CSIR-NCL develops new, stable tuberculosis drug
Council of Scientific and Industrial Research - National Chemical Laboratory (CSIR-NCL), has developed a new drug with improved stability to treat tuberculosis (TB).
The team at CSIR-NCL, led by AK Nangia, developed the drug in association with the school of chemistry, University of Hyderabad.
The research was done in order to ensure a clear way of developing a stable formulation of 4-FDC (4 drugs fixed dose combination) for treating tuberculosis.
The study, published in the Journal of Pharmaceutical Sciences studied the cause for the instability of the 4-FDC drug and discovered a new cocrystal (solid substances which consist of few components mixed together) that addresses the issue.
“The stable cocrystal drug with its longer shelf life will improve the prospects of transport logistics and inventory management of TB drugs,” said Nangia .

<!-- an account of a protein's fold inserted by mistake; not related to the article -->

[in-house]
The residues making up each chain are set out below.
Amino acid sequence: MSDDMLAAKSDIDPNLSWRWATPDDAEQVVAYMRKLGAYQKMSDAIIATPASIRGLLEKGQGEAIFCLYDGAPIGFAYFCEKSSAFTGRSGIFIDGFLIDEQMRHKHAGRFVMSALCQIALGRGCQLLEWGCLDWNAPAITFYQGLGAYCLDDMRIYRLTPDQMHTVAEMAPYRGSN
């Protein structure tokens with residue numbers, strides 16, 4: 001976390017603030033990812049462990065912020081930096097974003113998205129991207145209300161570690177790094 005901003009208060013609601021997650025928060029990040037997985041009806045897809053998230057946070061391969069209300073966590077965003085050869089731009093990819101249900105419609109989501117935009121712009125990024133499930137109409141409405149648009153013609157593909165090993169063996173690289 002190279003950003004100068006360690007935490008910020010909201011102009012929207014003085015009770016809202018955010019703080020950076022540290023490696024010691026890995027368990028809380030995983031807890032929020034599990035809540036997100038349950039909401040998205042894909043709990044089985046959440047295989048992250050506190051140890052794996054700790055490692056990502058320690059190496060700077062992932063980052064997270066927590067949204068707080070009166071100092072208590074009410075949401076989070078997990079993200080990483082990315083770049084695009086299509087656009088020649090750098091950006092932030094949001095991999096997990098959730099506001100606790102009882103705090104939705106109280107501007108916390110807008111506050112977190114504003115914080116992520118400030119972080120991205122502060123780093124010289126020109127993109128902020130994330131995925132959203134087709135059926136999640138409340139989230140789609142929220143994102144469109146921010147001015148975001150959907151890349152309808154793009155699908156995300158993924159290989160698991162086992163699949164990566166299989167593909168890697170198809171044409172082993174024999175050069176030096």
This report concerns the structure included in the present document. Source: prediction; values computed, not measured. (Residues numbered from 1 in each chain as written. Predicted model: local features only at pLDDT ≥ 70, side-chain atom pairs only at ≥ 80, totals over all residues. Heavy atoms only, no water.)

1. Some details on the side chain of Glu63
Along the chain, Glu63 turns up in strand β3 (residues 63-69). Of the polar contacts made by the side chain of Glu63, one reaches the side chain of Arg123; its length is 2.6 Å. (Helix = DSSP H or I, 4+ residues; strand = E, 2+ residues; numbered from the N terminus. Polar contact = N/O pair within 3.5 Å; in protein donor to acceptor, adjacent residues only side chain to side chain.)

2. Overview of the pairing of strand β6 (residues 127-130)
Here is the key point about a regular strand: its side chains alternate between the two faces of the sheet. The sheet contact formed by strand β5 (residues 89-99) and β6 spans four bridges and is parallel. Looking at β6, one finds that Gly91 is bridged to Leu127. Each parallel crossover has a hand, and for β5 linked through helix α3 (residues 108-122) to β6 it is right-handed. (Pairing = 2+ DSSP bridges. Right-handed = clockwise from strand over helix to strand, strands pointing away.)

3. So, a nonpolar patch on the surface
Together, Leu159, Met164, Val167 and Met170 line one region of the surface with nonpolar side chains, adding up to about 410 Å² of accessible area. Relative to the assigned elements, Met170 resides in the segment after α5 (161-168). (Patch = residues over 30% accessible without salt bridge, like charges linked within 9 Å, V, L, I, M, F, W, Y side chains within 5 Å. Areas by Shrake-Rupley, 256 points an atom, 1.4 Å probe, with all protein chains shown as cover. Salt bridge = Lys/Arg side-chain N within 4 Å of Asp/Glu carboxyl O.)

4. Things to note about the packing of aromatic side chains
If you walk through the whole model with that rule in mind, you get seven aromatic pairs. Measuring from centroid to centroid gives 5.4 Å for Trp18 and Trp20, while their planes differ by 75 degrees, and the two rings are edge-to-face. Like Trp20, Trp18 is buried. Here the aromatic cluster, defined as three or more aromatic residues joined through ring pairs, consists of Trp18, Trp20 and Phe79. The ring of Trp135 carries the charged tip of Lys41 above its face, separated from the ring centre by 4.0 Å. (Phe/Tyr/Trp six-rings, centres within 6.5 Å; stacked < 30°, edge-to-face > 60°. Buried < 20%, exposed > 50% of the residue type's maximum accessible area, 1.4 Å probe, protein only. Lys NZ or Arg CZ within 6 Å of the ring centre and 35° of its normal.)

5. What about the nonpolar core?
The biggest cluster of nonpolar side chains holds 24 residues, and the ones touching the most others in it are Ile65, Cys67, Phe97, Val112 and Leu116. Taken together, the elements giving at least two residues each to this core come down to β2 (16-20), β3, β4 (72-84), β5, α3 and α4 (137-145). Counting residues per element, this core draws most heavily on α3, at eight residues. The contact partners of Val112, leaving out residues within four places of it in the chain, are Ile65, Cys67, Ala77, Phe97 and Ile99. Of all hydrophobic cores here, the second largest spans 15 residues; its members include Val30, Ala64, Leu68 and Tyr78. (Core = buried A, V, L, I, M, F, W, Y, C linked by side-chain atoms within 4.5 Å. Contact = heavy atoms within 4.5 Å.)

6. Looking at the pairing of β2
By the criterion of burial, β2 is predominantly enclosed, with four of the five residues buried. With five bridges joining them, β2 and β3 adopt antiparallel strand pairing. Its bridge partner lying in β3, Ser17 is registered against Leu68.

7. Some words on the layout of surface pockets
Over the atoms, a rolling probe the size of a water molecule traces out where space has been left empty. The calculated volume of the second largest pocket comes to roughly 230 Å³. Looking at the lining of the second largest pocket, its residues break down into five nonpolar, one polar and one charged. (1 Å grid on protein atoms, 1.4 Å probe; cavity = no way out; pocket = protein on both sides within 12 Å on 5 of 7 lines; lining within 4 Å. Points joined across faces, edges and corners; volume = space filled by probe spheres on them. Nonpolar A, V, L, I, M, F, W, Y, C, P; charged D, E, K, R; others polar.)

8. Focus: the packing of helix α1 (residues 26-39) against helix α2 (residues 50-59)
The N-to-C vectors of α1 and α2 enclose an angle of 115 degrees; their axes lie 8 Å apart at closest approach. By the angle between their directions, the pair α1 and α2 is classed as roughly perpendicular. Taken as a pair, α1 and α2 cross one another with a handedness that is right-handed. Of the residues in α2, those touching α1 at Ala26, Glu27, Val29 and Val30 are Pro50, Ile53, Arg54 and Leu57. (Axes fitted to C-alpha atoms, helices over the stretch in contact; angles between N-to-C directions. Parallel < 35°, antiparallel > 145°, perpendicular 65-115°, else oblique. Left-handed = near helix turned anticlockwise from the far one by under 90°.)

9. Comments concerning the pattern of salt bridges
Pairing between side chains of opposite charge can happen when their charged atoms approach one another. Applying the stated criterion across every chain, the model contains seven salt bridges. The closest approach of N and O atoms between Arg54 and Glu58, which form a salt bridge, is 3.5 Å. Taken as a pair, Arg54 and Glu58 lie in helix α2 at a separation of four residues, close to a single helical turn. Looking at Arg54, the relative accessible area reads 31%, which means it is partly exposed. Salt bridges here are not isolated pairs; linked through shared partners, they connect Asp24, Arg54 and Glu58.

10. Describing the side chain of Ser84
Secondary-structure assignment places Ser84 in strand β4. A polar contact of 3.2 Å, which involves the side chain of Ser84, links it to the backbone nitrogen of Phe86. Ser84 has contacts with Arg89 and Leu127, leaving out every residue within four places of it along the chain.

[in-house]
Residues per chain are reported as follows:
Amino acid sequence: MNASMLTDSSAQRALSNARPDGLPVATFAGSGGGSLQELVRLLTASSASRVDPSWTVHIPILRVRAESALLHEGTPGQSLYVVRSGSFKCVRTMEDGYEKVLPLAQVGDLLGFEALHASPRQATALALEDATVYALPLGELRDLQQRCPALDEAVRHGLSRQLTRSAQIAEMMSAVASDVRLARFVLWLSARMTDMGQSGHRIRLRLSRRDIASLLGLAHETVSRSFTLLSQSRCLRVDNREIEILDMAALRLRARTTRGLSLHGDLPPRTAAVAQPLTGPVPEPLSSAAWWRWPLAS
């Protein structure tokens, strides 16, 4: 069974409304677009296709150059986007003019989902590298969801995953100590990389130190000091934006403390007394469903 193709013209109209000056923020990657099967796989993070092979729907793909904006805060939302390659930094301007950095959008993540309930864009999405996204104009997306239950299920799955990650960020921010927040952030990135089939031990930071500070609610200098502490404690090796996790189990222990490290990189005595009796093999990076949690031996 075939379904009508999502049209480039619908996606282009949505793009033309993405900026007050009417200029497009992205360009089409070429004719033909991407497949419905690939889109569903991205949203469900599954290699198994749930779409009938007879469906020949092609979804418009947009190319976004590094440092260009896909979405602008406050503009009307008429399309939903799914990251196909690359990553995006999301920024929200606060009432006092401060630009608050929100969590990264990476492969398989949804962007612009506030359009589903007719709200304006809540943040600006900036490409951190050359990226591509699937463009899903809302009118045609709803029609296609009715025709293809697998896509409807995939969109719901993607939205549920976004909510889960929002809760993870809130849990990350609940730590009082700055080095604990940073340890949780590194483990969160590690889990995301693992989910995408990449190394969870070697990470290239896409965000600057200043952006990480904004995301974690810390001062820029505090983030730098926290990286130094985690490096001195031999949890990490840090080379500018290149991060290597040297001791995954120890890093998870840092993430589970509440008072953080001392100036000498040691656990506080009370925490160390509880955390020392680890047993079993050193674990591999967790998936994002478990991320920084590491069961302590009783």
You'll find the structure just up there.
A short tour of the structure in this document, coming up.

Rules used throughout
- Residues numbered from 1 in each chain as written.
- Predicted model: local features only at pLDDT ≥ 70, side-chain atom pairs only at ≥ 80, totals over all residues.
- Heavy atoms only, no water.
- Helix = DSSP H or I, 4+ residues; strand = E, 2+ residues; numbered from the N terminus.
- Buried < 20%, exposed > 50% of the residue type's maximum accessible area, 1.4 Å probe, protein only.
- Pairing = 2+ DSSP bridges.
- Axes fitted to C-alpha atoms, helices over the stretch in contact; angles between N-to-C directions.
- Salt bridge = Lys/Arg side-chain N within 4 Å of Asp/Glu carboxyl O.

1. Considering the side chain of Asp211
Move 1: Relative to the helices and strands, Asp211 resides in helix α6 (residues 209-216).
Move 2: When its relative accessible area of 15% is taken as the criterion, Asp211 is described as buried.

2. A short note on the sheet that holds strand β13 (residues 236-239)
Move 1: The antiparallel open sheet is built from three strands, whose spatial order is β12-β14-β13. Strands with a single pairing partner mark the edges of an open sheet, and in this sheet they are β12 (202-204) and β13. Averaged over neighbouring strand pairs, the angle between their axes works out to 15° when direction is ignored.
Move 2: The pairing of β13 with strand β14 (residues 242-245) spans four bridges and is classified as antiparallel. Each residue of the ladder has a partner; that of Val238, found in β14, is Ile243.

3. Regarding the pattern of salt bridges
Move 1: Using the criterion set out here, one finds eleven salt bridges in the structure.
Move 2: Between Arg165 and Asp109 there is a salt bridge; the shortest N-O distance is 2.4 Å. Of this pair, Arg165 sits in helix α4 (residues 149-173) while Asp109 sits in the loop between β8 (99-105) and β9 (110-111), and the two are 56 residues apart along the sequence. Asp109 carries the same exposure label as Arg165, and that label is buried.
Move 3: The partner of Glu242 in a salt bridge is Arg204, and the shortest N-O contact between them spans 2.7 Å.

Tuberculosis (TB), an airborne infectious disease, is caused by a species of pathogenic bacteria Mycobacterium Tuberculosis. It is one of the top ten leading causes of death worldwide. According to the World Health Organisation (WHO) in the year 2015, an estimated 10.4 million people developed TB and 1.8 million died from the disease, including 0.4 million deaths among HIV-positive people.
The team included Suryanarayana Cherukuvada, Devarapaga Maddileti, Swapna Battini, and MK Chaitanya Mannava. They studied the cause for the instability of the 4-FDC drug chemical structures and discovered a pharmaceutically-stable cocrystal. This was done by the application of crystal engineering principles to improve the stability, so that the drug inhibits the cross-reaction between Isoniazid (INH) and Rifampicin and overcomes the formation of inactive by-products.
The pharmaceutical cocrystals of INH namely, INH-Caffeic acid and INH-Vanillic acid, were used to improve the stability of 4-FDC. As per the findings of the team, the pharmaceutically stable cocrystal of INH is able to improve the stability by greater than 5 times the current stability of 4-FDC drugs. This was followed by a number of stability studies carried out under accelerated conditions of 40 degrees Celsius temperature and 75 per cent relative humidity.